Photo Credit: iStock.com/muchomor
People completing most of their online tasks on mobile phones is a norm now rather than the exception. Desktop usage has lagged behind mobile phone use for the past several years, and the trend continues.
Forward-thinking businesses have kept pace and a huge number of product surveys and customer satisfaction surveys are now conducted via mobile devices.
These short and quick, bite-sized surveys allow businesses to take snapshots of consumer behaviors when the brand is still fresh in their minds. They ensure a high completion rate and help decision-makers identify business areas that need improvement plus the strategies that are working.
Surveys designed for mobiles are markedly different than those designed for desktop users. For one, you have to consider space constraints. A long question on the desktop may hog the entire screen of a smaller mobile device. For another, context and environment are completely different. Desktop users are more attentive and typically have more time to spend on lengthy surveys.
Mobile users are busy and can only spare 2-3 mins, max 10, on an online survey.
So when you are creating a survey that’s mobile-friendly, you have to complete some checklists.
Every survey designed for mobile must pass this accessibility check:
If your survey takes a long time to load or has an embedded video that keeps freezing, it’s not a mobile-optimized survey. You must also remember that some users consume the internet and technology differently than others.
Things like smaller buttons that are hard to click, tiny or embellished fonts with poor contrast that frustrates the mobile user, and anything else that hinders the survey experience is a potential minefield that must be avoided.
To make your surveys mobile-friendly, you have to consider the limitations of mobile screens, slower data speeds, and other bandwidth concerns.
You need a survey-building platform — like SurveyCrest — for business surveys that are formatted and optimized for mobile use.
Meaning, no lines that force you to scroll horizontally or tiny buttons you cannot click. No frustrating zooming and pinching of the screen either.
Instead, you get a custom mobile experience where everything fits the screen perfectly, fonts are easily readable, and buttons can be clicked without accidental taps.
A well-designed survey platform comes purpose-built with mobile optimization features. It recognizes the device type being used to access the survey and responds appropriately by formatting it to work for mobile.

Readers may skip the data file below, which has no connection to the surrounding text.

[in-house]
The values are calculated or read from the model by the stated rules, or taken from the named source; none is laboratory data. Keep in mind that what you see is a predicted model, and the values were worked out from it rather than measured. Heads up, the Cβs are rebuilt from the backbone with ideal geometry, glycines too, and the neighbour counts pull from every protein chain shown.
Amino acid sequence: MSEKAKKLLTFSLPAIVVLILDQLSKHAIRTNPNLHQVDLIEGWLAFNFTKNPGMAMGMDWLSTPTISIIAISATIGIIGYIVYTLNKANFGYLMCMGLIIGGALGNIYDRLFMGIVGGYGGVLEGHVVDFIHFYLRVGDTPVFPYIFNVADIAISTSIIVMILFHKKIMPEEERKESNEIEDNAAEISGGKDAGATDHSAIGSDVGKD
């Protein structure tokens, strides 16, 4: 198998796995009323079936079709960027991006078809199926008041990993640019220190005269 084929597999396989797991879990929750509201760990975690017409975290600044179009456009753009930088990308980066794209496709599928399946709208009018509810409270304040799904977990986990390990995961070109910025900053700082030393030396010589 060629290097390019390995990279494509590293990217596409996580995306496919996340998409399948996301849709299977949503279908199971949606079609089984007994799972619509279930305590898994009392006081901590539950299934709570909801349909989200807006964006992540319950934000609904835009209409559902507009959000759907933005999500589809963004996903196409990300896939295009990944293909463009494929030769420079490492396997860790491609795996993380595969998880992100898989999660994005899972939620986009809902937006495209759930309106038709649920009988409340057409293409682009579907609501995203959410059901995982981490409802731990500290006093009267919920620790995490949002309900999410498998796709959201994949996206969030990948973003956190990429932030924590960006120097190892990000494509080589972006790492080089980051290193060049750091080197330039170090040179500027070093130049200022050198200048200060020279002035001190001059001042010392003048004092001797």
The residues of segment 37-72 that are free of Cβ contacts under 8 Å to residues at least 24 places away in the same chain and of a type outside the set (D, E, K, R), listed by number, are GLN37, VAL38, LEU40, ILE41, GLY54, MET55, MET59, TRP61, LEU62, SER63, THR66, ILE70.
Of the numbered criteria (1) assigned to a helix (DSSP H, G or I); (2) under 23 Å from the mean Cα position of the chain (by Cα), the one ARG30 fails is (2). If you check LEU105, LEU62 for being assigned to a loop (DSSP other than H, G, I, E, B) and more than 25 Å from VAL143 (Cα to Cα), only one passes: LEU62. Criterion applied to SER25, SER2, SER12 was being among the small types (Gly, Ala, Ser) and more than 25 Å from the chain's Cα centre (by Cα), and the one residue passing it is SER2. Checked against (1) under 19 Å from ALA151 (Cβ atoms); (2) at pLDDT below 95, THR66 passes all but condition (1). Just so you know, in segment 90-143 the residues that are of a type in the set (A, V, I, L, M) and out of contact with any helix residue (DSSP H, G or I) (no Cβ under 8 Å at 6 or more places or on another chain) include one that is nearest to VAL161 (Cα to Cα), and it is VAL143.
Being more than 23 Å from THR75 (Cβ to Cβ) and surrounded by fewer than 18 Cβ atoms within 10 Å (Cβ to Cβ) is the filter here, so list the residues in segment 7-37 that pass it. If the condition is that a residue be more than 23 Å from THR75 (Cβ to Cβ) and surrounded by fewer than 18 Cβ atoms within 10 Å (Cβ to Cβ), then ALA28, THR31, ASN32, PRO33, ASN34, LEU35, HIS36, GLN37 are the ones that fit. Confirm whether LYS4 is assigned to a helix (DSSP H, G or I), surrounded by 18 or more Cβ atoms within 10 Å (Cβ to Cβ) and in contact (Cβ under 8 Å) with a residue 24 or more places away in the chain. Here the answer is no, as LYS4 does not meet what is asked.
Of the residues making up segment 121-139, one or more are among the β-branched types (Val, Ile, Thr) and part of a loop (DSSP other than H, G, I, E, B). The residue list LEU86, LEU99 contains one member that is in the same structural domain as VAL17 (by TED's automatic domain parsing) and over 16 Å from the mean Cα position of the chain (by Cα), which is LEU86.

You should aim for brevity regardless of the device type your survey will be on. People love shorter surveys as they are quick to fill in. Your survey abandonment rates decline exponentially for brief surveys and participation rates soar.
Yet, there are times when a shorter survey just won’t do. You need in-depth answers and wide-ranging answers. But those are ill-suited for mobile. When you design a mobile-friendly survey, keep its length short and the questions brief.
Ideally, questions for mobile-optimized surveys should be two lines; max, three. The reply options should not exceed 5 items either. Remember to aim for one question (with reply options) per screen without the need to scroll, and you’re set.
Should you give people the option for a long continuous scroll or force them to go through multiple pages to complete a survey?
Phrased like that, a long continuous scroll sounds ideal. But here’s why it doesn’t work:
When you split the survey into multiple pages, you can save some progress on each survey even when the data speed is not ideal. A 3-5 page survey where each page contains 2-4 questions seems short and quick. People feel more inclined to finish it without losing their focus.
Of all the content guidelines that improve survey quality, the type of questions you’ll add is probably the most relevant for mobile-friendly surveys.
Since you have a limited screen to work with, plus patchy data speeds to consider, multiple-choice questions will be your best bet to go with. Keep the questions short and the number of choice items limited, and most of your survey questions will fit the mobile screens.
On the other hand, essay questions, matrix-style questions, and open-ended questions should not be used for mobile surveys.
The smaller the screen, the clearer contrast you need for easy legibility. White on black and black on white work best, but most dark colors on a white background offer a decent amount of contrast.